Original Article - Clinical
Total Hip Replacement after Failed Femoral Head and Neck Excision in Two Dogs and Two Cats
Version of Record online: 23 JAN 2012
© Copyright 2011 by The American College of Veterinary Surgeons
Special Issue: Advances in Hip Dysplasia
Volume 41, Issue 1, pages 136–142, January 2012
How to Cite
Fitzpatrick, N., Pratola, L., Yeadon, R., Nikolaou, C., Hamilton, M. and Farrell, M. (2012), Total Hip Replacement after Failed Femoral Head and Neck Excision in Two Dogs and Two Cats. Veterinary Surgery, 41: 136–142. doi: 10.1111/j.1532-950X.2011.00940.x
- Issue online: 23 JAN 2012
- Version of Record online: 23 JAN 2012
- Manuscript Accepted: OCT 2011
- Manuscript Received: JUN 2010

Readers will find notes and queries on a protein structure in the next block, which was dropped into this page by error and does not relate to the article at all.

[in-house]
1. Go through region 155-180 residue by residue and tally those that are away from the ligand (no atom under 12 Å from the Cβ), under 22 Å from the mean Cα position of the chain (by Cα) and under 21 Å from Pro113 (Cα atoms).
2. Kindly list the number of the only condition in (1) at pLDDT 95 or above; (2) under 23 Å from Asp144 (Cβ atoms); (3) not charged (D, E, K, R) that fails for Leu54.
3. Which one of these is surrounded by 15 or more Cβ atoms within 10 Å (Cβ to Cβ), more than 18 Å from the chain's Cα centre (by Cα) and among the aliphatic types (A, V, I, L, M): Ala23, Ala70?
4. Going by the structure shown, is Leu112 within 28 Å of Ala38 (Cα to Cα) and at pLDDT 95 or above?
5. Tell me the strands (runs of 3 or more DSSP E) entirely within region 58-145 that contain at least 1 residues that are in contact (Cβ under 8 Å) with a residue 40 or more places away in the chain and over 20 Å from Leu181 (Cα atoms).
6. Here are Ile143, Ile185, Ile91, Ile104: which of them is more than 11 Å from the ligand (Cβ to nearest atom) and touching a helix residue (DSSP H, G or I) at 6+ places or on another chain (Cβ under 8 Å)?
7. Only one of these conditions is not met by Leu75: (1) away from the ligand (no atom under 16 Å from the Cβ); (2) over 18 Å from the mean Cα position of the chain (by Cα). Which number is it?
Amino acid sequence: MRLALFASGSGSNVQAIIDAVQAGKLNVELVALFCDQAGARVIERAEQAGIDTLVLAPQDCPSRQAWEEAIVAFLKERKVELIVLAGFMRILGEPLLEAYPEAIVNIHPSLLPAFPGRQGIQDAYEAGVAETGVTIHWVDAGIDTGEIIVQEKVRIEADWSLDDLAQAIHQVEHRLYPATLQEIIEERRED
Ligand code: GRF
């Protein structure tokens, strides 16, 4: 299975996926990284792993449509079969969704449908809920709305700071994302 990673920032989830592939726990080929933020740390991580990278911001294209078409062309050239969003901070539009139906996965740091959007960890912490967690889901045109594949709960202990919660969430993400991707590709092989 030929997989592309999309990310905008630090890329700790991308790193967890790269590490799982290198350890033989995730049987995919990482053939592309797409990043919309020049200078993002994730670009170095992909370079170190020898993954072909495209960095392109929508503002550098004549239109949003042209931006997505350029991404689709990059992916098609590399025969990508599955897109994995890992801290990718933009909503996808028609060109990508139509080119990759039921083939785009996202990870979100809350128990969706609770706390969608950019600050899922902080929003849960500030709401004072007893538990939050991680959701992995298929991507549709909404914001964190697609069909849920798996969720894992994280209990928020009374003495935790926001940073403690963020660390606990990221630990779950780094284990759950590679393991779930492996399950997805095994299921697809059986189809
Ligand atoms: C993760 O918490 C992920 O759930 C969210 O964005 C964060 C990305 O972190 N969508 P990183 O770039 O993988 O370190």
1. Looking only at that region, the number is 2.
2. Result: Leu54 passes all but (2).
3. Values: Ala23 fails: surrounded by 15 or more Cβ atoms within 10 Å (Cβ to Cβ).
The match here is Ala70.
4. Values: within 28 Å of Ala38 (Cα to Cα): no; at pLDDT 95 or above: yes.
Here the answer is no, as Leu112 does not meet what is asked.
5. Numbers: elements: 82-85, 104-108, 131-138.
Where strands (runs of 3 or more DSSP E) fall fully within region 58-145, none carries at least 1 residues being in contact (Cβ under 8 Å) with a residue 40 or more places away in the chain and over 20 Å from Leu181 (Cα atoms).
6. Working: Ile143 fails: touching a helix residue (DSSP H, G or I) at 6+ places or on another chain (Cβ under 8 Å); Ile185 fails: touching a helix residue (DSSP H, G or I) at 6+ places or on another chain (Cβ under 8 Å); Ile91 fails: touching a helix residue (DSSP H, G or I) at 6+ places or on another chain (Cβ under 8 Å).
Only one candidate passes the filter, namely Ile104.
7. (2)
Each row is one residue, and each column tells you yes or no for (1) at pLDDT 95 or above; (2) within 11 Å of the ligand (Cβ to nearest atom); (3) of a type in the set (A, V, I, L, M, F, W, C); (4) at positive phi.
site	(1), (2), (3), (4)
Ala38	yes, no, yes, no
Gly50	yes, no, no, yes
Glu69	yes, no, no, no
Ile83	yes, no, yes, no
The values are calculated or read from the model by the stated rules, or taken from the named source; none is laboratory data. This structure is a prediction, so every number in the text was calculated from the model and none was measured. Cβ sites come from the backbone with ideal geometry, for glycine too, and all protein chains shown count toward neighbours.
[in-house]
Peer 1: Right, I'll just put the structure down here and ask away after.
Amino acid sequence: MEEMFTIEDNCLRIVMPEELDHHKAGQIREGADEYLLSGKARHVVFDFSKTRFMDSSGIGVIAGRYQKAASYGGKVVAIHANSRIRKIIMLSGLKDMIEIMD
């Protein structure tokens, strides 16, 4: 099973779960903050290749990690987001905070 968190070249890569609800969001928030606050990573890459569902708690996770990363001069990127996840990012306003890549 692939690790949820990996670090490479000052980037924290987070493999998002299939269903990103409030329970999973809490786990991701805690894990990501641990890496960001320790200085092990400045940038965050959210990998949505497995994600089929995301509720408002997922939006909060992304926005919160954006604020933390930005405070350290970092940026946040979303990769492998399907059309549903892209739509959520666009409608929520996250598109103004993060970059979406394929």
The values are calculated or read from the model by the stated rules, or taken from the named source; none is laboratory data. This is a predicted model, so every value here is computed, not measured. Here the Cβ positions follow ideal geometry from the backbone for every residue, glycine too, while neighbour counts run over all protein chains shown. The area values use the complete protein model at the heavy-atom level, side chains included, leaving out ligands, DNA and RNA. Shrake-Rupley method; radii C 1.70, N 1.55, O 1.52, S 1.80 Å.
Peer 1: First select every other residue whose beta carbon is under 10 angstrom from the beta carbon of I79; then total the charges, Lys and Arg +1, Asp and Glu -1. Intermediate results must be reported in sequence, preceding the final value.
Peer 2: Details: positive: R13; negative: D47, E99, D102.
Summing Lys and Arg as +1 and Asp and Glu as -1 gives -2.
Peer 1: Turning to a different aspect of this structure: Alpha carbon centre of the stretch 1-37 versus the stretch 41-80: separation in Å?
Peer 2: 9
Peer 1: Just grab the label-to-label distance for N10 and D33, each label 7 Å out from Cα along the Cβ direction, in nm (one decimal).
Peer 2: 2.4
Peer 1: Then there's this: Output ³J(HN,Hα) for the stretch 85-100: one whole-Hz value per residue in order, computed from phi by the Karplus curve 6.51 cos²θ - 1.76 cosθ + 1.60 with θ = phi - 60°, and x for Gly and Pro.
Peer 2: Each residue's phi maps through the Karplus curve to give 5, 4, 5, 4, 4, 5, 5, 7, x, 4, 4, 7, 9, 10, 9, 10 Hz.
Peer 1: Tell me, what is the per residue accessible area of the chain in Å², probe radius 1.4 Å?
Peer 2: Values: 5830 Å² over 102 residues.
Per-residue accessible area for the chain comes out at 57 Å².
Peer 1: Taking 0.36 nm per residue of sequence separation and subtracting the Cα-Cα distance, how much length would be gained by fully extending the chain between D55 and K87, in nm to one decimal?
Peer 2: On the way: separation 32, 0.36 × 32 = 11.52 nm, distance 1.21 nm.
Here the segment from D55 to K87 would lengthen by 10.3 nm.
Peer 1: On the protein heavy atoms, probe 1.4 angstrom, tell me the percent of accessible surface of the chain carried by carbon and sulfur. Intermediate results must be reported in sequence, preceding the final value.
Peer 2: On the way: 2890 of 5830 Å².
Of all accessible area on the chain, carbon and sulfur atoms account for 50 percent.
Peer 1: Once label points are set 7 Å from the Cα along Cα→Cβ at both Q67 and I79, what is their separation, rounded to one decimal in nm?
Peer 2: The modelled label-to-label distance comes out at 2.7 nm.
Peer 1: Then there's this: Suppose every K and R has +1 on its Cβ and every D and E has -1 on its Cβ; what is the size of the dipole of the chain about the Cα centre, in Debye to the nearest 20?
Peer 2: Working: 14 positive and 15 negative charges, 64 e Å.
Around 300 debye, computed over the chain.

To document outcome in 2 dogs and 2 cats after conversion of femoral head and neck excision (FHNE) to total hip replacement (THR).
Dogs (n = 2) and 2 cats.
For 1 dog and 2 cats, THR was performed using cemented acetabular and femoral components. Noncemented acetabular and cemented femoral components were used in 1 dog.
All animals presented with severe hip pain and chronic lameness after unsuccessful FHNE. Potential causes of suboptimal outcome after FHNE were incomplete resection of the femoral neck (n = 3) and fibrous adhesions involving the sciatic nerve (n = 2). Post-FHNE remodeling of the proximal femur and acetabulum necessitated unconventional modifications of surgical technique. In all 4 cases, final clinical outcome and radiographic reassessment were satisfactory. Aseptic loosening of the acetabular bone-cement interface necessitating surgical revision was the only complication noted in 1 cat.
Despite severe preoperative pain and chronic functional impairment in all cases, conversion of FHNE to THR produced marked clinical improvement including return to unrestricted exercise within 12 weeks of surgery.